New study shows important economic contributions of H-1B visas
A new study in the INFORMS journal Management Science shows that the U.S. economy is strengthened by H-1B visa holders who fill key roles in enhancing organizations and supplementing the work of their U.S. peers. This is particularly true for trades like the U.S. audit industry that employ a large number of individuals who hold H-1B visas, and who recruit highly skilled foreign workers for specialty occupations.
The study authors, Daniel Aobdia of the Kellogg School of Management at Northwestern University, Anup Srivastava of the Tuck School of Business at Dartmouth University, and Erqiu Wang, examined the hiring practices—primarily as they pertain to assurance or risk assessment services—of U.S. audit firms, an industry that consistently recruits individuals from outside the U.S. At any given time, 83 percent of audit offices employ individuals who hold H-1B visas.
The study, "Are Immigrants Complements or Substitutes? Evidence from the Audit Industry," focused on the six largest public accounting firms in the U.S.: BDO, Deloitte & Touche, Ernst & Young, Grant Thornton, KPMG, and PriceWaterhouseCoopers. Between 2001-2012, these firms hired 55,000 H-1B visa holders, 18,000 of which were hired for assurance roles. The authors found that these employees appear to perform two distinct, but not necessarily mutually exclusive roles: gap fillers and specialists.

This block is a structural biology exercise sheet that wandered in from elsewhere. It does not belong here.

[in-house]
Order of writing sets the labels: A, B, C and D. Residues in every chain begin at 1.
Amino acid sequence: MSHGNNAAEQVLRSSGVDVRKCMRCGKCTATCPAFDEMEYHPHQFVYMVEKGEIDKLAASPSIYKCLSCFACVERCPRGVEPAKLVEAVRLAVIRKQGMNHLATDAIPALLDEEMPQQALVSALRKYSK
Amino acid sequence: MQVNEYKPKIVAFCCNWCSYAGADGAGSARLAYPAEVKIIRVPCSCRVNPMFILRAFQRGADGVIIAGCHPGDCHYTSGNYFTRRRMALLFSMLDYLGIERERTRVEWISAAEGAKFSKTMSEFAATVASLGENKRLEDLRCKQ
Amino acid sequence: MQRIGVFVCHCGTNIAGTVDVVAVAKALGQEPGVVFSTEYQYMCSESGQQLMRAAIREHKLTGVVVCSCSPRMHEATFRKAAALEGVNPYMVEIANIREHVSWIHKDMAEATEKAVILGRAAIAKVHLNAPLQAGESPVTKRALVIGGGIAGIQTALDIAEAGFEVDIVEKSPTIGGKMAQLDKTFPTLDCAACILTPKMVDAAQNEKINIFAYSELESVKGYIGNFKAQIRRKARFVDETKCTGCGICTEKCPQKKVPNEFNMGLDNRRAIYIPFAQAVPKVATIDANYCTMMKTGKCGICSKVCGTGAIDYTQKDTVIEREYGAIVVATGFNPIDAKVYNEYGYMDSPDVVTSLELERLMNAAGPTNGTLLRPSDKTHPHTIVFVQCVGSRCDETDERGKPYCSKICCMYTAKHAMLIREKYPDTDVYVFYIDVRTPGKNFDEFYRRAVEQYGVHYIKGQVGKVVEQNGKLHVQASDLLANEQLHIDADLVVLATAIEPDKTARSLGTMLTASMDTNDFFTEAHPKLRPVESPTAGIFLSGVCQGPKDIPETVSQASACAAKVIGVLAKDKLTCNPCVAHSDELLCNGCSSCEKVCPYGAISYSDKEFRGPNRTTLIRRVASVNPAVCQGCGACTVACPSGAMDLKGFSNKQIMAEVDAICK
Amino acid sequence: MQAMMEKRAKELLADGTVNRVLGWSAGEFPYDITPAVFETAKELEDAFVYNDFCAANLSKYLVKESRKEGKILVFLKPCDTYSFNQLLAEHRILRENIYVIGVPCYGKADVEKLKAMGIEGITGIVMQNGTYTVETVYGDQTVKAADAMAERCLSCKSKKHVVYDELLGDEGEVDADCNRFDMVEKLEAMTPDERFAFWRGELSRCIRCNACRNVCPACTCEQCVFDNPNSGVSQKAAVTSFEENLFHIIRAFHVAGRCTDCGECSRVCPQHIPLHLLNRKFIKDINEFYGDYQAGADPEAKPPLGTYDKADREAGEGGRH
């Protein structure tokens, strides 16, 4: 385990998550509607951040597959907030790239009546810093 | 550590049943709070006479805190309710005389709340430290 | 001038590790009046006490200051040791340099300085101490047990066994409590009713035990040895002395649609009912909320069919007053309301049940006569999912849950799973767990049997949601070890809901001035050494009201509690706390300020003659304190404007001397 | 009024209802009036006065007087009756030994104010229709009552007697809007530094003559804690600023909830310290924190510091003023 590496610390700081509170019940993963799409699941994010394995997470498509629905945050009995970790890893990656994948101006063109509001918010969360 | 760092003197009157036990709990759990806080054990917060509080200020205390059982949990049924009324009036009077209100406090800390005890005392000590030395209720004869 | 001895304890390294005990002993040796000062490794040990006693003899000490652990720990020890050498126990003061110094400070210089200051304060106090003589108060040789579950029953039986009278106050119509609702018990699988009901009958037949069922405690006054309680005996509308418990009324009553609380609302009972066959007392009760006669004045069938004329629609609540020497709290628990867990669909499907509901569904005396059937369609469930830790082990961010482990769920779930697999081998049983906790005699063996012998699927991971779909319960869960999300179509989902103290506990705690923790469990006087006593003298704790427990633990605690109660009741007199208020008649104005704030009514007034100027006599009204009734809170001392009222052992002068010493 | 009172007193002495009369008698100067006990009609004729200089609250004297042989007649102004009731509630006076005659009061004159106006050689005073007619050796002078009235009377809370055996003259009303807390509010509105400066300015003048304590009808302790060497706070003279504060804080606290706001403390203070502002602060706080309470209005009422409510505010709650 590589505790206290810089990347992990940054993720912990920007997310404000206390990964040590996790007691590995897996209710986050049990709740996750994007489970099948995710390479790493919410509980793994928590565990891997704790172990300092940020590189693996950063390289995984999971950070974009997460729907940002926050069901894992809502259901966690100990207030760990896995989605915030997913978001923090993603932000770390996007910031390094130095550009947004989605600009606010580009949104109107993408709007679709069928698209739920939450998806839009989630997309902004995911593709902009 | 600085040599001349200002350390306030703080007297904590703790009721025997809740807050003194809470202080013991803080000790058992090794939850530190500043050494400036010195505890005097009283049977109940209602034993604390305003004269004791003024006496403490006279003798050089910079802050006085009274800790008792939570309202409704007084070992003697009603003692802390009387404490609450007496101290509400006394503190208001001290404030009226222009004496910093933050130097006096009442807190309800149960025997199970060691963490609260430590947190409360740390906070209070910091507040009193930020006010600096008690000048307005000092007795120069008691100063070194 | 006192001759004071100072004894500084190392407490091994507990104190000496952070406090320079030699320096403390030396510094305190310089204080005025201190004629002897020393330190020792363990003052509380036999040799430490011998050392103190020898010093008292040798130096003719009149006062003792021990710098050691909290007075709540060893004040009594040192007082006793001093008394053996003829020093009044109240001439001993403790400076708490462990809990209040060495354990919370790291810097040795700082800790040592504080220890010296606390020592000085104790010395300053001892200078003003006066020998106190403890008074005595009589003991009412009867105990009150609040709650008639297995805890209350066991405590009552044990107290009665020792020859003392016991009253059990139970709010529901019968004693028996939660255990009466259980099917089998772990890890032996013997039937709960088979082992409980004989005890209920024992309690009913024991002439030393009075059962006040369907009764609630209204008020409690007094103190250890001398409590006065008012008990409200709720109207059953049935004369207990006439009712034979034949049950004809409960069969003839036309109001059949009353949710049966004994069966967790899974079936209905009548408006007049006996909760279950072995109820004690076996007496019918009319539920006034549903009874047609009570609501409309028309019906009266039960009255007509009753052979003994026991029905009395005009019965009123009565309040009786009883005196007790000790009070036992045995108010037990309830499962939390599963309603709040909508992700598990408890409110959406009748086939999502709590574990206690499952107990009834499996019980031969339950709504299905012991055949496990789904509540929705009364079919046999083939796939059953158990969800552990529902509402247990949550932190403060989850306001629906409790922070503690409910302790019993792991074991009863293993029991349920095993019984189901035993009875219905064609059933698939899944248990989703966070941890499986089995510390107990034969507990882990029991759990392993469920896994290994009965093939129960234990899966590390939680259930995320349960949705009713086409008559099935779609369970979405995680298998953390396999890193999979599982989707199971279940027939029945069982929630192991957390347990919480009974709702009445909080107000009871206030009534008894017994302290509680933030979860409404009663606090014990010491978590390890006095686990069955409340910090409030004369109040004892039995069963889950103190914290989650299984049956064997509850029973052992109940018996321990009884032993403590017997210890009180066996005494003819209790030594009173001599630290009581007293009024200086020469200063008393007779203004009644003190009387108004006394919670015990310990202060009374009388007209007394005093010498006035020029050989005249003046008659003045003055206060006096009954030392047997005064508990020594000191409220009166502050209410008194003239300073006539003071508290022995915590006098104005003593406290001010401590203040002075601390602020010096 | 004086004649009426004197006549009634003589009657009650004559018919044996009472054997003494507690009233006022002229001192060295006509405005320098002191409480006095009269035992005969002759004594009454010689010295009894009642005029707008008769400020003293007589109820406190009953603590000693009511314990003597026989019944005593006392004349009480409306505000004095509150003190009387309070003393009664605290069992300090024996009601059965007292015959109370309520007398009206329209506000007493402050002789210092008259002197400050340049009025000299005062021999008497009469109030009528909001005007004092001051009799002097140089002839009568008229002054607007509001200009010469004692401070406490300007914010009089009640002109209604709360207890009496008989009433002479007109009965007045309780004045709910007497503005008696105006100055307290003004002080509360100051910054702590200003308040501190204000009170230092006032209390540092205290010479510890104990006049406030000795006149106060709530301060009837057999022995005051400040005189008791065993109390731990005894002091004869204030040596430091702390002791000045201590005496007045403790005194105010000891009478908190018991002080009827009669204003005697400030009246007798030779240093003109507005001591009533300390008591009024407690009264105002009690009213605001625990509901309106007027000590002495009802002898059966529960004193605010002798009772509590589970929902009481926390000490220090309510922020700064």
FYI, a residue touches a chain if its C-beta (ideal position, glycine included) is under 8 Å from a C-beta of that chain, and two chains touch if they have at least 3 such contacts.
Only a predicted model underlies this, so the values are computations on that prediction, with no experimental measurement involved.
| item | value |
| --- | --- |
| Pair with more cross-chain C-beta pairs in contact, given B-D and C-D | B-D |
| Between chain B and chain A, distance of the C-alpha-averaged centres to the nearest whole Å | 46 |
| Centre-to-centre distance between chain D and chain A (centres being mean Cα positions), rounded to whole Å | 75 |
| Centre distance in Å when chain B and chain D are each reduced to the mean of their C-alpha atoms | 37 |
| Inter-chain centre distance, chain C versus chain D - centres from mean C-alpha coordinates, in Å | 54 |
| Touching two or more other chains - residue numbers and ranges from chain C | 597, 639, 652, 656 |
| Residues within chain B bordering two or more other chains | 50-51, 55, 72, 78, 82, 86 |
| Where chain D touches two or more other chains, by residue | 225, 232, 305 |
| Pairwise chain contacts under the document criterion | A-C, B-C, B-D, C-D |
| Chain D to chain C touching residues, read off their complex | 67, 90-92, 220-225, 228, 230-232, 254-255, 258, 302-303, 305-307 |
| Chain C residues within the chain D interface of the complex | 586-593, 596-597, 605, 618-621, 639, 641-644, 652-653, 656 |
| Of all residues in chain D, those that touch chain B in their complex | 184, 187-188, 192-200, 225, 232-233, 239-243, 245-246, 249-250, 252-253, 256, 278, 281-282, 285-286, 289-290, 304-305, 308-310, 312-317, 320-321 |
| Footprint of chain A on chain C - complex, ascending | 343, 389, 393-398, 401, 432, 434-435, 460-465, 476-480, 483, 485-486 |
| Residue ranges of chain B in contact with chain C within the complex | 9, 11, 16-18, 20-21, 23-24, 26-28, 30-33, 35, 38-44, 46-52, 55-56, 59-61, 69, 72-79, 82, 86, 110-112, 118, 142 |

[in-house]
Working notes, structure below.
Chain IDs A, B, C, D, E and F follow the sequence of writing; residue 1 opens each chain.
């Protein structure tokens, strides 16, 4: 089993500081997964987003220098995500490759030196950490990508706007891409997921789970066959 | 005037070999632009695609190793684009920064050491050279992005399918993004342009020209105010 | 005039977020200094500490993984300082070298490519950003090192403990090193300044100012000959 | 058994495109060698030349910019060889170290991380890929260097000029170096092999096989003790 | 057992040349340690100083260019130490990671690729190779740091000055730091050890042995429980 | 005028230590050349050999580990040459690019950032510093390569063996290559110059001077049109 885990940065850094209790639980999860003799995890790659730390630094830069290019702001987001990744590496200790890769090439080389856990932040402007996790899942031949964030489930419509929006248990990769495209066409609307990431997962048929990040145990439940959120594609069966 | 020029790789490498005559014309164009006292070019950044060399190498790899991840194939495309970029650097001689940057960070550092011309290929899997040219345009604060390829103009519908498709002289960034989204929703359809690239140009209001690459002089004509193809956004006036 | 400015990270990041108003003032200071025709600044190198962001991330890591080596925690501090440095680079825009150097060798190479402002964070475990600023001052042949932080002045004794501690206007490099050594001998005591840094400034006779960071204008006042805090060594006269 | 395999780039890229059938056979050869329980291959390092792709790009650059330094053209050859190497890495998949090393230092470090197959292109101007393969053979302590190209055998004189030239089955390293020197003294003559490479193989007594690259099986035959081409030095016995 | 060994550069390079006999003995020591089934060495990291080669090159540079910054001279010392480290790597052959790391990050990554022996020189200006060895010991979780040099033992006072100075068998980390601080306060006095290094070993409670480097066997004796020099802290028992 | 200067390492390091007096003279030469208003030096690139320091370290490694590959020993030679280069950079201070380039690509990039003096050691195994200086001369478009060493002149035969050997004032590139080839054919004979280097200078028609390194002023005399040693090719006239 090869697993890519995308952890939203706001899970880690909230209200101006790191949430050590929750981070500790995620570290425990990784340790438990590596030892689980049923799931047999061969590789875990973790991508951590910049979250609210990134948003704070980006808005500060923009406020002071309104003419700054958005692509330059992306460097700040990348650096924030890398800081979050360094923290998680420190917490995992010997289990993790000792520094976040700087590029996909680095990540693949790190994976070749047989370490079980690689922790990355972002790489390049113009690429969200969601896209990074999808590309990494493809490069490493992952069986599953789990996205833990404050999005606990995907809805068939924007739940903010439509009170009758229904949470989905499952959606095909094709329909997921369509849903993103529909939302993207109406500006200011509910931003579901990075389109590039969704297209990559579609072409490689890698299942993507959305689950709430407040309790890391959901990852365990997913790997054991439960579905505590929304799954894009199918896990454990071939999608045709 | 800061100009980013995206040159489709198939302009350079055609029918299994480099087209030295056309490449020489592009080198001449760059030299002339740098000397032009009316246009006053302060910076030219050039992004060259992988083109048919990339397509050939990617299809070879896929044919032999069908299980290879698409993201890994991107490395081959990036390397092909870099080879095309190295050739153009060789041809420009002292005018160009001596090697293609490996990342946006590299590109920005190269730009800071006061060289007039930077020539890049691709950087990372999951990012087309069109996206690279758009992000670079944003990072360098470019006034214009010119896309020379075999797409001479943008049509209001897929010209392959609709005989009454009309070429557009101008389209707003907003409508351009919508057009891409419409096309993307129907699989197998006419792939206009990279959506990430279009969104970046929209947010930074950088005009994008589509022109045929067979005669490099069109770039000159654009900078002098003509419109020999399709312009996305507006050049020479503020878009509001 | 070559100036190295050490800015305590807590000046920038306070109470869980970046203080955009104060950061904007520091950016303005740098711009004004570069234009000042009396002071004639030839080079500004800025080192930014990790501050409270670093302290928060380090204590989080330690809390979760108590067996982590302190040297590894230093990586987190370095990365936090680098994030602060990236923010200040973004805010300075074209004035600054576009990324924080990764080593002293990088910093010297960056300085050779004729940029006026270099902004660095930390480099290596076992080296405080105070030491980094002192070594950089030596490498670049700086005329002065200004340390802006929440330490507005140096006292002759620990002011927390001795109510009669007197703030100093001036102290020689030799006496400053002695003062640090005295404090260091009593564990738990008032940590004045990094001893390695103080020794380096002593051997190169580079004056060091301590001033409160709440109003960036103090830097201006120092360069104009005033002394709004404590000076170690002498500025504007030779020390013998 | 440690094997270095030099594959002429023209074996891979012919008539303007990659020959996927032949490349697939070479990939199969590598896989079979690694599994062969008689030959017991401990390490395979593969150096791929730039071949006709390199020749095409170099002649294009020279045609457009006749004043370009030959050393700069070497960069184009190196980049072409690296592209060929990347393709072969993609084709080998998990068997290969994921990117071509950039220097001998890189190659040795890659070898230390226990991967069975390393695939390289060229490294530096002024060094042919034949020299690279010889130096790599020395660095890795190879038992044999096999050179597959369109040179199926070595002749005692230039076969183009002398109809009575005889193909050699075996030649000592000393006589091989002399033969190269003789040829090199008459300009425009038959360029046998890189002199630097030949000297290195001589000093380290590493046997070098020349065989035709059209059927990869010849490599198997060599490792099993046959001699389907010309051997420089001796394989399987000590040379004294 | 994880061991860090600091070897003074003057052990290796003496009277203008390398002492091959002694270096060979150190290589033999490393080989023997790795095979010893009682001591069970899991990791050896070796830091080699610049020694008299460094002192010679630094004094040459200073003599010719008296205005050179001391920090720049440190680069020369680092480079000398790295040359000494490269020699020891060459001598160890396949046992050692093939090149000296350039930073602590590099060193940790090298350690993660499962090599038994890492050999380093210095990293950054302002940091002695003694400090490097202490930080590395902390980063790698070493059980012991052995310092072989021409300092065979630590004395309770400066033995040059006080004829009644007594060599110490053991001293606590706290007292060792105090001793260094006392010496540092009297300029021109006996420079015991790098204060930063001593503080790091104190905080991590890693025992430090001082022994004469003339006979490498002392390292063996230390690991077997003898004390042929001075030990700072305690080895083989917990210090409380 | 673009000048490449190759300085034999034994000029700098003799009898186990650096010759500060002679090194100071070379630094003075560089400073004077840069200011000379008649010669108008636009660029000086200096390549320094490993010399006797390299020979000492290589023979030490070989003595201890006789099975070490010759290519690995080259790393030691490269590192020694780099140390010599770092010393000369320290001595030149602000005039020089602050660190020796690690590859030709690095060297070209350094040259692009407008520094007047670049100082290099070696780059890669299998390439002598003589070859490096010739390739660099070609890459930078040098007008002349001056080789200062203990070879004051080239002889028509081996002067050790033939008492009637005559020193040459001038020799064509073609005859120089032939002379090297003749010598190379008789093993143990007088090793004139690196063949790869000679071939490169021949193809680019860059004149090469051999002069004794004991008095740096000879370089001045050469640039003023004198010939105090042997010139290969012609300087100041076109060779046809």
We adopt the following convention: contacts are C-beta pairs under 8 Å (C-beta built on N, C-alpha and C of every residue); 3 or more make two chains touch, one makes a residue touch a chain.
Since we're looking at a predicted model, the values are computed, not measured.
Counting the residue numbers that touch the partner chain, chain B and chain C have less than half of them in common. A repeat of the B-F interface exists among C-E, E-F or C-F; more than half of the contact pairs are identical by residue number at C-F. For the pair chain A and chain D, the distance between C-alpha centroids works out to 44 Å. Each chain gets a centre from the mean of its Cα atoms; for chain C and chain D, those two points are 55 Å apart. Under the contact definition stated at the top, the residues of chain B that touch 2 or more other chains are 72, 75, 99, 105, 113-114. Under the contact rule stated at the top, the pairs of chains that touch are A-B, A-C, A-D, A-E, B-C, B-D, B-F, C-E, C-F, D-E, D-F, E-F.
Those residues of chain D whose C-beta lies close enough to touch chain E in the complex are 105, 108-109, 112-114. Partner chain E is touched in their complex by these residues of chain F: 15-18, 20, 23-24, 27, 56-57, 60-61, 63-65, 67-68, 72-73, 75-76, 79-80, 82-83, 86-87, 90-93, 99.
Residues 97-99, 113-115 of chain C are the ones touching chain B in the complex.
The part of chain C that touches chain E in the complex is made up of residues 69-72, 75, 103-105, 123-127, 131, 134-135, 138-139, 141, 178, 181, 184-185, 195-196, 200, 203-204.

"The first role—an immigrants' greater likelihood of employment in jobs considered less desirable to their U.S. counterparts - arguably reflects their lower bargaining power," said Aobdia. "The second role—the greater likelihood of immigrants' performing specialized assignments - is consistent with an audit firm's ability to hire the most talented among these individuals, given their restricted employment options."
The authors found that skilled foreign employees serve as a significant asset to human capital growth within the audit industry. In 2012 alone, employees with H-1B visas contributed 28 percent to the growth of assurance business human capital for the six audit firms in the study. Given their significant role in audit industry growth and the complimentary role they play for their American counterparts, the authors warned of the potential negative implications of further restrictions limiting the hiring of skilled employees from outside the U.S.
"Our findings reaffirm that the H-1B visa program contributes greatly to the health of organizations such as U.S. audit firms, and more generally suggests H-1B visa holders provide valuable and more widespread economic contributions," said Aobdia.